Ofcom has published a report about the controversial mobile termination rates which could well deliver the biggest shakeup in the UK mobile telecoms market yet.
The document is part of a wide consultation that will look at how much mobile calls will cost over the next few years and is expected to end on the 29th of July 2009.
Termination rates make up 14p in every pound spent on mobile calls and the concept is currently being fought by BT and 3 which have join forces to lobby for its elimination.
The telecoms regulator will be looking as how termination charges will move between 2011 and 2015. Ofcom has already stipulated that it wants prices to fall by around a quarter by 2011.
Ed Richards, Ofcom's Chief Executive, said that "The role of termination rates in mobile services has attracted enormous controversy. That is why we are determined to examine them from first principles. This consultation gives consumers and industry an opportunity to debate the fundamental questions."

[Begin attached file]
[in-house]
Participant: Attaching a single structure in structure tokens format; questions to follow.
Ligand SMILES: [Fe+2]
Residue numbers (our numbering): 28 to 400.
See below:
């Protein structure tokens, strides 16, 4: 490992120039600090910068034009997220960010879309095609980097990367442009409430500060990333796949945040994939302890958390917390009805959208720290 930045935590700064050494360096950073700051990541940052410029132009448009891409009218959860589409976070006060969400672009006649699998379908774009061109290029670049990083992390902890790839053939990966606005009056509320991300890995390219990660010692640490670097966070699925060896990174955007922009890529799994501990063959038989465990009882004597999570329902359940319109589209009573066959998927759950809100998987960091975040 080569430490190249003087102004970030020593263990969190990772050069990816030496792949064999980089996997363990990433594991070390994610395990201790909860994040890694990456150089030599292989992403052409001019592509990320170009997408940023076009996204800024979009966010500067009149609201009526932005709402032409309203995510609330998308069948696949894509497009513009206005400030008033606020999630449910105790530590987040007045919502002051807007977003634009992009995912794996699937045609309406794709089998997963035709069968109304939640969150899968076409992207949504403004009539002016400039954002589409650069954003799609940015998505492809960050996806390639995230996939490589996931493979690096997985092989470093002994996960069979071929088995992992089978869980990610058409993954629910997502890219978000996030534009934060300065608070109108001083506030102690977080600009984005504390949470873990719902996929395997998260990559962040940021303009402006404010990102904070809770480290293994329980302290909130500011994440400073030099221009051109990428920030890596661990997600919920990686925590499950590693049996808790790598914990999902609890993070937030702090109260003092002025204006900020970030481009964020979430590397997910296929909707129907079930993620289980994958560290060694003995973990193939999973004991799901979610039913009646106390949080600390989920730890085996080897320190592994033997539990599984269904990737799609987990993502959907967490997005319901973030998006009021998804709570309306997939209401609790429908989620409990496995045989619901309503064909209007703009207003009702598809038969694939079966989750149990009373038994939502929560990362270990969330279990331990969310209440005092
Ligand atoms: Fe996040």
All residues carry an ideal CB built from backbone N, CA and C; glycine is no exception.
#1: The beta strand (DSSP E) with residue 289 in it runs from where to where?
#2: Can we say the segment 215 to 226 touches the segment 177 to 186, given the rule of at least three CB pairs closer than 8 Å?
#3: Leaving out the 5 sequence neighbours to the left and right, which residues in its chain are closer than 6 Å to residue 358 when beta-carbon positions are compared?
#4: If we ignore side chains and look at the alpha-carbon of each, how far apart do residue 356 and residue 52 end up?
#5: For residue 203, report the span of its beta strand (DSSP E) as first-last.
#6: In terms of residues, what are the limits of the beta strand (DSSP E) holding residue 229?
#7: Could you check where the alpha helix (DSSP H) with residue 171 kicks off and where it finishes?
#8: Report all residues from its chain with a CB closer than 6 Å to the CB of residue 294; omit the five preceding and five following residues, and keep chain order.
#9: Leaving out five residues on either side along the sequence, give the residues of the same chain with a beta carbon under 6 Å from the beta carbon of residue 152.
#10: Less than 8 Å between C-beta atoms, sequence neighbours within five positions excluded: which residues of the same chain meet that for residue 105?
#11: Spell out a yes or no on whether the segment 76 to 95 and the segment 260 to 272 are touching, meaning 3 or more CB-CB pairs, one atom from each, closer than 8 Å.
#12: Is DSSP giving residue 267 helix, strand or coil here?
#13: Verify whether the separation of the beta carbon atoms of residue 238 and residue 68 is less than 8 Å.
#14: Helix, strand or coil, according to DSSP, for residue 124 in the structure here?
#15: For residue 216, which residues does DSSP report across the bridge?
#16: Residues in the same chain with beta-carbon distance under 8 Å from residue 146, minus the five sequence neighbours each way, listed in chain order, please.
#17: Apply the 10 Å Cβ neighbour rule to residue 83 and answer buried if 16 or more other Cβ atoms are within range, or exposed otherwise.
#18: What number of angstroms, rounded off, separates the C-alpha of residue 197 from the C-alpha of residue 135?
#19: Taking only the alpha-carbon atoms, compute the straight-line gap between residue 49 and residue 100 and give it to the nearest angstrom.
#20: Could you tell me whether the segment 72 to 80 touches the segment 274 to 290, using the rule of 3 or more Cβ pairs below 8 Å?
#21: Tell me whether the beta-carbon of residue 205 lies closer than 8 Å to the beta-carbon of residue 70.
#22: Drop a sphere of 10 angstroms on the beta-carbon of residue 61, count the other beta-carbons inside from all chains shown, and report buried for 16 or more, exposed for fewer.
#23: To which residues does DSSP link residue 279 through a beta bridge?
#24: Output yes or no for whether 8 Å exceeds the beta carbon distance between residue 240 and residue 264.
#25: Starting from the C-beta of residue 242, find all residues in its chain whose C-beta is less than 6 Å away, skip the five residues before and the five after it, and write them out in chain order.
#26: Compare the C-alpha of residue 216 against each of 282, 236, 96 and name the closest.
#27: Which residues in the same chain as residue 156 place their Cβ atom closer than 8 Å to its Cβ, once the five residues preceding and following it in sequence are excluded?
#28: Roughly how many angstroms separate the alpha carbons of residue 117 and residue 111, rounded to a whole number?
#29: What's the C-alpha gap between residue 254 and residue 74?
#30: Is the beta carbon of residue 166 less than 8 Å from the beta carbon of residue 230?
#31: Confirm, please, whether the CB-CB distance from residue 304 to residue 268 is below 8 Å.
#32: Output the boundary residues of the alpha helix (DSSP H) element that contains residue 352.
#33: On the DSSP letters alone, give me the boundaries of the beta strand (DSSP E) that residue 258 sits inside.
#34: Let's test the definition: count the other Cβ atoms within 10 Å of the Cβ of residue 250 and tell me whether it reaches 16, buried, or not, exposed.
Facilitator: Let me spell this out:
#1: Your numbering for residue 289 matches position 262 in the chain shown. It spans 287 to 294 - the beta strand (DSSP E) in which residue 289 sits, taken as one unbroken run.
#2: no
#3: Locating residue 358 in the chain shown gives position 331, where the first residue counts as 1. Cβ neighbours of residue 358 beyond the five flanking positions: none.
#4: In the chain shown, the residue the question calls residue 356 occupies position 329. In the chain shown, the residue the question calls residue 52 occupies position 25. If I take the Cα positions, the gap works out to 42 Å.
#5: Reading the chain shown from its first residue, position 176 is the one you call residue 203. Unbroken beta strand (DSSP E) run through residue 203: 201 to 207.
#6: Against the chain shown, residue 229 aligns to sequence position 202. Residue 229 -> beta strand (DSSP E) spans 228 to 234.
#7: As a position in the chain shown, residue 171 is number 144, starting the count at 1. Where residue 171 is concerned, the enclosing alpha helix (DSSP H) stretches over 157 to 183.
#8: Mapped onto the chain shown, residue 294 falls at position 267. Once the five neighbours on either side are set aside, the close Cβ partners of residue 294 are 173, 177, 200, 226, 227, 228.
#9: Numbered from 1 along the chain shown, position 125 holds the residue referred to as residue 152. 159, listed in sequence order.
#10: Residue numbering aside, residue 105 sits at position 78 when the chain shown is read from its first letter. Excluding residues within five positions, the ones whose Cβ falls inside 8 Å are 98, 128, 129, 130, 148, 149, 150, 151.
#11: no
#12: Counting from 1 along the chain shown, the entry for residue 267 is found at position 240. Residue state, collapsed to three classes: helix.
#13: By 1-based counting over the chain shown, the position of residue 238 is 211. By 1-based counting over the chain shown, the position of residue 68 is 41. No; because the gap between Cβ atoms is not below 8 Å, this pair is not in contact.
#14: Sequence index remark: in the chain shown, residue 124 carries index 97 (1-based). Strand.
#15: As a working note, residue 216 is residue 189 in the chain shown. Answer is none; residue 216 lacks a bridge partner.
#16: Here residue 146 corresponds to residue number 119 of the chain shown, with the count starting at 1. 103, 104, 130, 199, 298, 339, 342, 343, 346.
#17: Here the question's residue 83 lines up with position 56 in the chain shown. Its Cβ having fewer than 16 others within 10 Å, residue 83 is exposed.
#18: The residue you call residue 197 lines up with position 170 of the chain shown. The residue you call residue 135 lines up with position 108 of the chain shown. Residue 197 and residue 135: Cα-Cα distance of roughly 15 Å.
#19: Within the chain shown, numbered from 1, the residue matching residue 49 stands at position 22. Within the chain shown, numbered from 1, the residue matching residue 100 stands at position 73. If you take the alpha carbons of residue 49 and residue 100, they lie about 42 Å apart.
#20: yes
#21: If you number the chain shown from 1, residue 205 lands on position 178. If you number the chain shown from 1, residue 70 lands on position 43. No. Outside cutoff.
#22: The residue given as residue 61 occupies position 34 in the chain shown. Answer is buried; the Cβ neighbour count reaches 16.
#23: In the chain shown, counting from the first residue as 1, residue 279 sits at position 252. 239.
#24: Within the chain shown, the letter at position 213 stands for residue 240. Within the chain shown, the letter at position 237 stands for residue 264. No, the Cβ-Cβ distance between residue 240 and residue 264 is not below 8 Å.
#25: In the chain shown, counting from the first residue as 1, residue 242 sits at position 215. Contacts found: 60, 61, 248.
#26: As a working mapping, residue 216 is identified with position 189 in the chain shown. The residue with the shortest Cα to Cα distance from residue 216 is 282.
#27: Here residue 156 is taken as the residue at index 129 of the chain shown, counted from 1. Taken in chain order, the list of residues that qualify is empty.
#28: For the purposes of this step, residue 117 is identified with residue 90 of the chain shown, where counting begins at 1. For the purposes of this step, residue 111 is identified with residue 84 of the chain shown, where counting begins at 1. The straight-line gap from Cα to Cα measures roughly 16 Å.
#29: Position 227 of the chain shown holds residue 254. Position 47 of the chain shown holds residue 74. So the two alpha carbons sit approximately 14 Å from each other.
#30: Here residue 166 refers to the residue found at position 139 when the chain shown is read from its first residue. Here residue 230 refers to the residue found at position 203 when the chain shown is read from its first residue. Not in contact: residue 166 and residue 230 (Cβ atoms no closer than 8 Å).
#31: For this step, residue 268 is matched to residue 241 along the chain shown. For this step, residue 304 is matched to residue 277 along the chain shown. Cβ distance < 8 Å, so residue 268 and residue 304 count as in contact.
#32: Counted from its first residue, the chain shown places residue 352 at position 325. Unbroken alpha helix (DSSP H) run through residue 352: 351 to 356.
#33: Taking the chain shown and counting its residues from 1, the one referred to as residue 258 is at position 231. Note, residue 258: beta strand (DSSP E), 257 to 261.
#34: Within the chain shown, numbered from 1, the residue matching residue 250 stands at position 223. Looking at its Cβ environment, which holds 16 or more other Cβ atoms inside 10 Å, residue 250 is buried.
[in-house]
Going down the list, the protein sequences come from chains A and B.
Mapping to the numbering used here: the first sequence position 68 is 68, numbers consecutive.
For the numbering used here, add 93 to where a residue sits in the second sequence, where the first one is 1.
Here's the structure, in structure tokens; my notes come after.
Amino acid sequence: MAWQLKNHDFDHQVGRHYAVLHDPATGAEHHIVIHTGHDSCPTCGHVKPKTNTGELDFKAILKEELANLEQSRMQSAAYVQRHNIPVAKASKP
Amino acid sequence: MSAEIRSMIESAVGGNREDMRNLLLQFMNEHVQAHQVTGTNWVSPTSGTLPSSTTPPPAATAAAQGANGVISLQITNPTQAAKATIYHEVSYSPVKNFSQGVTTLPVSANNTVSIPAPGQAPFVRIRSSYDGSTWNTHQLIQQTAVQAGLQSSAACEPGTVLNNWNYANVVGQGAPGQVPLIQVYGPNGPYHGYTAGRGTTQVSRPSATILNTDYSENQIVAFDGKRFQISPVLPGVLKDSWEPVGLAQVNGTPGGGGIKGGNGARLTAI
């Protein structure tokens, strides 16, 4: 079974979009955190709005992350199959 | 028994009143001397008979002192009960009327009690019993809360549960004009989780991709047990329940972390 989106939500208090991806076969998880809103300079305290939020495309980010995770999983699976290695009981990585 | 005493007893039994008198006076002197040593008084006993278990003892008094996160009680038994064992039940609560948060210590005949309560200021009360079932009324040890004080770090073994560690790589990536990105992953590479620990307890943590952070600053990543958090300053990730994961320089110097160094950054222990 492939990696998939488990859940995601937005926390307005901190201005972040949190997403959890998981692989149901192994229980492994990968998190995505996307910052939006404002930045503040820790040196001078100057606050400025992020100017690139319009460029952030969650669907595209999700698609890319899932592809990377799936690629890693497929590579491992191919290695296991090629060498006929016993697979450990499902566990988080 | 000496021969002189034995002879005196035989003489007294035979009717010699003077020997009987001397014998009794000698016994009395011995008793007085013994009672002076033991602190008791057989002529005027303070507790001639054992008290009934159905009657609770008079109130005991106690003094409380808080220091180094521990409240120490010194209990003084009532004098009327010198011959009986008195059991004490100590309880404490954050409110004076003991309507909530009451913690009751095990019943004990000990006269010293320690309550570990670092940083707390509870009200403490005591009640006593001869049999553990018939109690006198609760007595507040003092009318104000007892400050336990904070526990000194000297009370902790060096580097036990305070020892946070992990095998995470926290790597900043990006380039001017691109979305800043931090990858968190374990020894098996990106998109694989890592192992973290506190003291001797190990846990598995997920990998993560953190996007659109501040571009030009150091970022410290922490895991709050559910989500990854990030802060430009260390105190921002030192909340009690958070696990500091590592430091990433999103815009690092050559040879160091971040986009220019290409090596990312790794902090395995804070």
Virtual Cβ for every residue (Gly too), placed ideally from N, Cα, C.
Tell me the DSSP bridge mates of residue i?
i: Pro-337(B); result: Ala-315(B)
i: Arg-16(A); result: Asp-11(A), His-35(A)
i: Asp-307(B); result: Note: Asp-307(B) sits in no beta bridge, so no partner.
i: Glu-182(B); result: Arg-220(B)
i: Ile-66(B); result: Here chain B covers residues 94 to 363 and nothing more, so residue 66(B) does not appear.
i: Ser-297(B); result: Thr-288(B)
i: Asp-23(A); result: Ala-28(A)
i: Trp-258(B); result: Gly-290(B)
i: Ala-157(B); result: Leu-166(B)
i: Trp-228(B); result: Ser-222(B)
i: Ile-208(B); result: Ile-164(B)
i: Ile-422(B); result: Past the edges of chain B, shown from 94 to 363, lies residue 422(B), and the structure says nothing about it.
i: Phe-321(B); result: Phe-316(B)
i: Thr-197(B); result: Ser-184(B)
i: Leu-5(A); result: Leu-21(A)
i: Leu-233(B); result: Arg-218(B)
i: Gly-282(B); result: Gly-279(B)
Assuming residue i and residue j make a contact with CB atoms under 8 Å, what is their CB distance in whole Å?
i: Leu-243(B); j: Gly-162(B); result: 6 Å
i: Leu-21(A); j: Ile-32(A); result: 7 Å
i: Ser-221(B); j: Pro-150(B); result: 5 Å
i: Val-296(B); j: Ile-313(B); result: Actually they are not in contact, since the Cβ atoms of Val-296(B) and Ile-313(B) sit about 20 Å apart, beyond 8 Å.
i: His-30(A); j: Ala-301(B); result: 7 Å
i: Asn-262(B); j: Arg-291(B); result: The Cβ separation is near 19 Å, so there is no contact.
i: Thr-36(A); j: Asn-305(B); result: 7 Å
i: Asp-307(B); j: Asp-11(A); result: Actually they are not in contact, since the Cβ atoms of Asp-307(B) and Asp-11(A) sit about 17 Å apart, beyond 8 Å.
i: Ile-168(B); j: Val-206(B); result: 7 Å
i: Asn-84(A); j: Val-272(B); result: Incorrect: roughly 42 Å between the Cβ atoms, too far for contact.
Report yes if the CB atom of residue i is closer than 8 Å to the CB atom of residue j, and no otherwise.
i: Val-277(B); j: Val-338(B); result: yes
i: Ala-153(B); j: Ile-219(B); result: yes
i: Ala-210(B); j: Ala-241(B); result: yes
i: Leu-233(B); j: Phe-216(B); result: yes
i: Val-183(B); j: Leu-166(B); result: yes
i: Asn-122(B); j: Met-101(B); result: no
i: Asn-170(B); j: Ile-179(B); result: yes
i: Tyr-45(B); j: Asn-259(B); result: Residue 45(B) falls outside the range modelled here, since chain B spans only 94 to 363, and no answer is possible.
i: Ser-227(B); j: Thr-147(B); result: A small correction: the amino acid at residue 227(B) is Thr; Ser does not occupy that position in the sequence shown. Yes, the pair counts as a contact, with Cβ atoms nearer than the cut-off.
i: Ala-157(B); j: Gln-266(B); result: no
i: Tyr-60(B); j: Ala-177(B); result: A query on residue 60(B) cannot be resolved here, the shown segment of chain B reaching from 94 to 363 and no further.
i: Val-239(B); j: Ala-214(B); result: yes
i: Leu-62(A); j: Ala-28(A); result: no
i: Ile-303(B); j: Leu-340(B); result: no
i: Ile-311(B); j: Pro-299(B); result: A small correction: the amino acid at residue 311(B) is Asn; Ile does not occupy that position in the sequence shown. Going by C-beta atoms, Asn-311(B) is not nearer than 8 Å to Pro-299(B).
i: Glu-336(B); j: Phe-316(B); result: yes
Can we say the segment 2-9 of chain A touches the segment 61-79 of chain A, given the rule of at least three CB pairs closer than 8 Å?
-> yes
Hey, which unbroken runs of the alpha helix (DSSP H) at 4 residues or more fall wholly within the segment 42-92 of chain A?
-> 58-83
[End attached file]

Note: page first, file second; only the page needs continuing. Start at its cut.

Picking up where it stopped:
Ofcom has said that it will be looking at 6 potential options that will include a sliding system that will see rates going down every year to one where the customer's network will be responsible for all costs associated to making a call.
However, there are fears that altering the status quo could coerce the mobile networks to start charging for receiving calls which could forever change the way people use their phones.
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Altering the MTR scheme could also mean the end of free phones with line rentals as well as less competition should smaller players like Virgin media and 3 decide to call it a day. The issue is that MTR is essentially free money for the big mobile phone operators and eliminating MTR completely will encourage them to go elsewhere.
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